Summer ought to be a season when we’re able to rest well—a time we can spend with the Lord and His goodness. But, oftentimes, we actually fall out of healthy spiritual habits and end up trying to rest from the Lord instead of resting in Him.
That’s why we’ve created the Summer Selah Series. Over 40 days, we’ll be sharing daily devotions during a season where you may not feel very devoted.
Based on excerpts from his book Selah: Devotions From The Psalms For Those Who Struggle With Devotion, Ross Lester, our Pastor of Preaching and West Congregation Pastor, will provide readings from select Psalms, a brief devotional reflection, and some prayer points for each of the 40 days.
Take some time to read Psalm 109—warning, it’s a tricky one. Then, come back and read the following verse again.
“In return for my love they accuse me,
but I give myself to prayer.” (Psalm 109:4 ESV)
Nothing stings quite so much in this life as discovering that friends have laid false accusations against you. That people who you know and love, and who you thought loved you, have been saying unfair and untrue things about you all the while keeping up the façade of friendship. It really stings when that happens. David knew the scenario well and he wrote about the depths of the agony he felt as a result in Psalm 109. It is a disturbing Psalm in many ways, if you read the whole thing, as David prays for bad things to happen to the person who falsely accuses him. It doesn’t seem to compute with the grace that Christ bestows on us, and maybe that’s the point. Maybe it is meant to serve as a juxtaposition between how Christ treats His enemies and how we want to treat ours.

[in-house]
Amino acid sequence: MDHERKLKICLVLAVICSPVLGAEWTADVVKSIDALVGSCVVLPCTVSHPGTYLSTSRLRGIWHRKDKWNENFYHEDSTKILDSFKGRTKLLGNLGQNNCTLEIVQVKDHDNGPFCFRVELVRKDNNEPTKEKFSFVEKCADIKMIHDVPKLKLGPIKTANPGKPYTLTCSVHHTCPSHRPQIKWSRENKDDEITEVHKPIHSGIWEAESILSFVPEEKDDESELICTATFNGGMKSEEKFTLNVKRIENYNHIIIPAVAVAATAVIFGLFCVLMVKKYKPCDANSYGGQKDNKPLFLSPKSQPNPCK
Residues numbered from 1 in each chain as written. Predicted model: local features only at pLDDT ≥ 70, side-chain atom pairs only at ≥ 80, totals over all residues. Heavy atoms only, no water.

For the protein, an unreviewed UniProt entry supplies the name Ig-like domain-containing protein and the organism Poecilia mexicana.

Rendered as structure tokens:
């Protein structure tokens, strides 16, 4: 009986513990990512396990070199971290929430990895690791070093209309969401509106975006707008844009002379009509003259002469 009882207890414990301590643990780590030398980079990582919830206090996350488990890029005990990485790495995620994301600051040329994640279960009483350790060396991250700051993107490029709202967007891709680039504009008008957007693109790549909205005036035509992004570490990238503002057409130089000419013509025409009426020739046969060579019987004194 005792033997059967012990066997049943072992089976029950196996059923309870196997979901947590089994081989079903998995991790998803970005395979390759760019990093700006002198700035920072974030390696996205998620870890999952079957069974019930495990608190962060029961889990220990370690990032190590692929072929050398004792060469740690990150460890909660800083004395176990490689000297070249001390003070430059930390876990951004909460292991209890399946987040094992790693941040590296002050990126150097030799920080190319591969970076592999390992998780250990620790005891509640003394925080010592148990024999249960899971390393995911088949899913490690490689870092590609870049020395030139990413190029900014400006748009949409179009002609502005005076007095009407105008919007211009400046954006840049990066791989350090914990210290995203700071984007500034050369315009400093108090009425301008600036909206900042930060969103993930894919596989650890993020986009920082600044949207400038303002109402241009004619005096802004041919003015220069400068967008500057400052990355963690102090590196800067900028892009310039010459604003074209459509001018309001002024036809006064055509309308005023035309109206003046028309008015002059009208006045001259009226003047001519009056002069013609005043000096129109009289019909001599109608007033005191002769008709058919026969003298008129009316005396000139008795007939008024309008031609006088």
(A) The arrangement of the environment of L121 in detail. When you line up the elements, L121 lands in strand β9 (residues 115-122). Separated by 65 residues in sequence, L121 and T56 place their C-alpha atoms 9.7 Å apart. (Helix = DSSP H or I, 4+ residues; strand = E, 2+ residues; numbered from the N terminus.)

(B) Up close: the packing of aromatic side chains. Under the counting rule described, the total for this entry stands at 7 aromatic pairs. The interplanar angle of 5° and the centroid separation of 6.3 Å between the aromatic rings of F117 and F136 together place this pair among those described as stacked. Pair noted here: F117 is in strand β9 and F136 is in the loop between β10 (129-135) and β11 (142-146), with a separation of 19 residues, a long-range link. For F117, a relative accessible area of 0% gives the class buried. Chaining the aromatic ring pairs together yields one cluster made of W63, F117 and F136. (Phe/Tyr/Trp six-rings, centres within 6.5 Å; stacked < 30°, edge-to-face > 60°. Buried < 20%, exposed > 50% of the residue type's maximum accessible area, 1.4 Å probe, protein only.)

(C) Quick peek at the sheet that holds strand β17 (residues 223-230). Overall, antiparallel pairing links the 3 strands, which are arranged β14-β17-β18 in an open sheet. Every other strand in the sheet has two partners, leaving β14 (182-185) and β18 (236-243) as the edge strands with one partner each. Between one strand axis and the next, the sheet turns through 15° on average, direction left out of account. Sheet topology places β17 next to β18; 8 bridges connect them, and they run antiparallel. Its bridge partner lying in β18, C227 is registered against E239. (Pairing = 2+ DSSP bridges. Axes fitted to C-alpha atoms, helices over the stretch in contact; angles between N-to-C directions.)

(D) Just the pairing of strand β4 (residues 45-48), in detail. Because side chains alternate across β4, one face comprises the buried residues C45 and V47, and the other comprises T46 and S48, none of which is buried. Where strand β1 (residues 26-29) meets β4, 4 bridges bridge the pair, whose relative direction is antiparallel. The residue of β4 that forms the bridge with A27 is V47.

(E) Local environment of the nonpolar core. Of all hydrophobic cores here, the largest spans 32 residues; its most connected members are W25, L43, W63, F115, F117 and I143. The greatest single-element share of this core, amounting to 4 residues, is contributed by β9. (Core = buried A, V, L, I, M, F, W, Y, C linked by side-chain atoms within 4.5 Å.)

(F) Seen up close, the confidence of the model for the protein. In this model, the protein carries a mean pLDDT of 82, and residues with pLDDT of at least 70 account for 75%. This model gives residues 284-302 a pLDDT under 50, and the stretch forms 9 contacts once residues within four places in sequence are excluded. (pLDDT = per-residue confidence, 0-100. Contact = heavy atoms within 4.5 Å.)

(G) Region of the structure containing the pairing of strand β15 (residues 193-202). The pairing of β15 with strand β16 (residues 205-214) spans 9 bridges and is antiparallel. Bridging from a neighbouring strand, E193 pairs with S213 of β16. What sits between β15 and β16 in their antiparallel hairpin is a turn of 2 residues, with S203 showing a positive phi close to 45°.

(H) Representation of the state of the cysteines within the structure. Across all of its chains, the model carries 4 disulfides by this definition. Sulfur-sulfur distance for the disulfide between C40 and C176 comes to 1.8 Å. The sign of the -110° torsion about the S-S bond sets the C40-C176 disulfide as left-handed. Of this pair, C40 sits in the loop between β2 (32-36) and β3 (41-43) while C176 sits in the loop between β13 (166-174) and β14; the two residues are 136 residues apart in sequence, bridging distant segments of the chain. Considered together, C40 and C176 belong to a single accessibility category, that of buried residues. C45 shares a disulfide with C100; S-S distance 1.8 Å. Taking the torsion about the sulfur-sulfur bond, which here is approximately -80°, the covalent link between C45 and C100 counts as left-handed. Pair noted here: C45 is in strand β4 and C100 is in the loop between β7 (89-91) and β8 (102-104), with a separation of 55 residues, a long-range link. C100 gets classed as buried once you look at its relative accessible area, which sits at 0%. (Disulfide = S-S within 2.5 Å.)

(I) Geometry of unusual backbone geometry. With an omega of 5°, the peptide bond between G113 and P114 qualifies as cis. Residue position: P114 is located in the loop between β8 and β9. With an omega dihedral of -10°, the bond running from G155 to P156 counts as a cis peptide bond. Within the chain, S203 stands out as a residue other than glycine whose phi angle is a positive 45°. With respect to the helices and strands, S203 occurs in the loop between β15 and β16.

But David does say something amazing in verse 4 that has really helped me recently. He says that the best response to an attack on one’s identity is to pray. That is a brilliant piece of advice. It is a great reminder that we live for an audience of one and that what God thinks of us is much more important than what anyone else thinks. We are so desperate to be loved that we will automatically move to publicly defend ourselves from any type of potential rejection. But by going straight to prayer, we declare that our identity is rooted and established in God and that He gets to make the calls on who we are.
Just the other day I had a situation where I felt that I should publicly defend my reputation. At the root of it was pride though, and so I went to the most humbling place, which is on my knees before the Almighty. When I emerged, it really didn’t matter what anyone else thought or said, because I knew how much I was loved by the only one that really matters.
Next time your identity and reputation is on the line, be a man or woman of prayer. It is counterintuitive, but it brings joy and freedom.
Father God, teach me to be someone who is so confident in You that I don’t place my identity in the treatment that I receive from other people. Forgive me for the ways that I place more value on the approval of man than I do on Your approval of who I am. Help me Lord.
Ross Lester, Selah: Devotions From The Psalms For Those Who Struggle With Devotion (Magnolia, Texas: Lucid Books, 2017)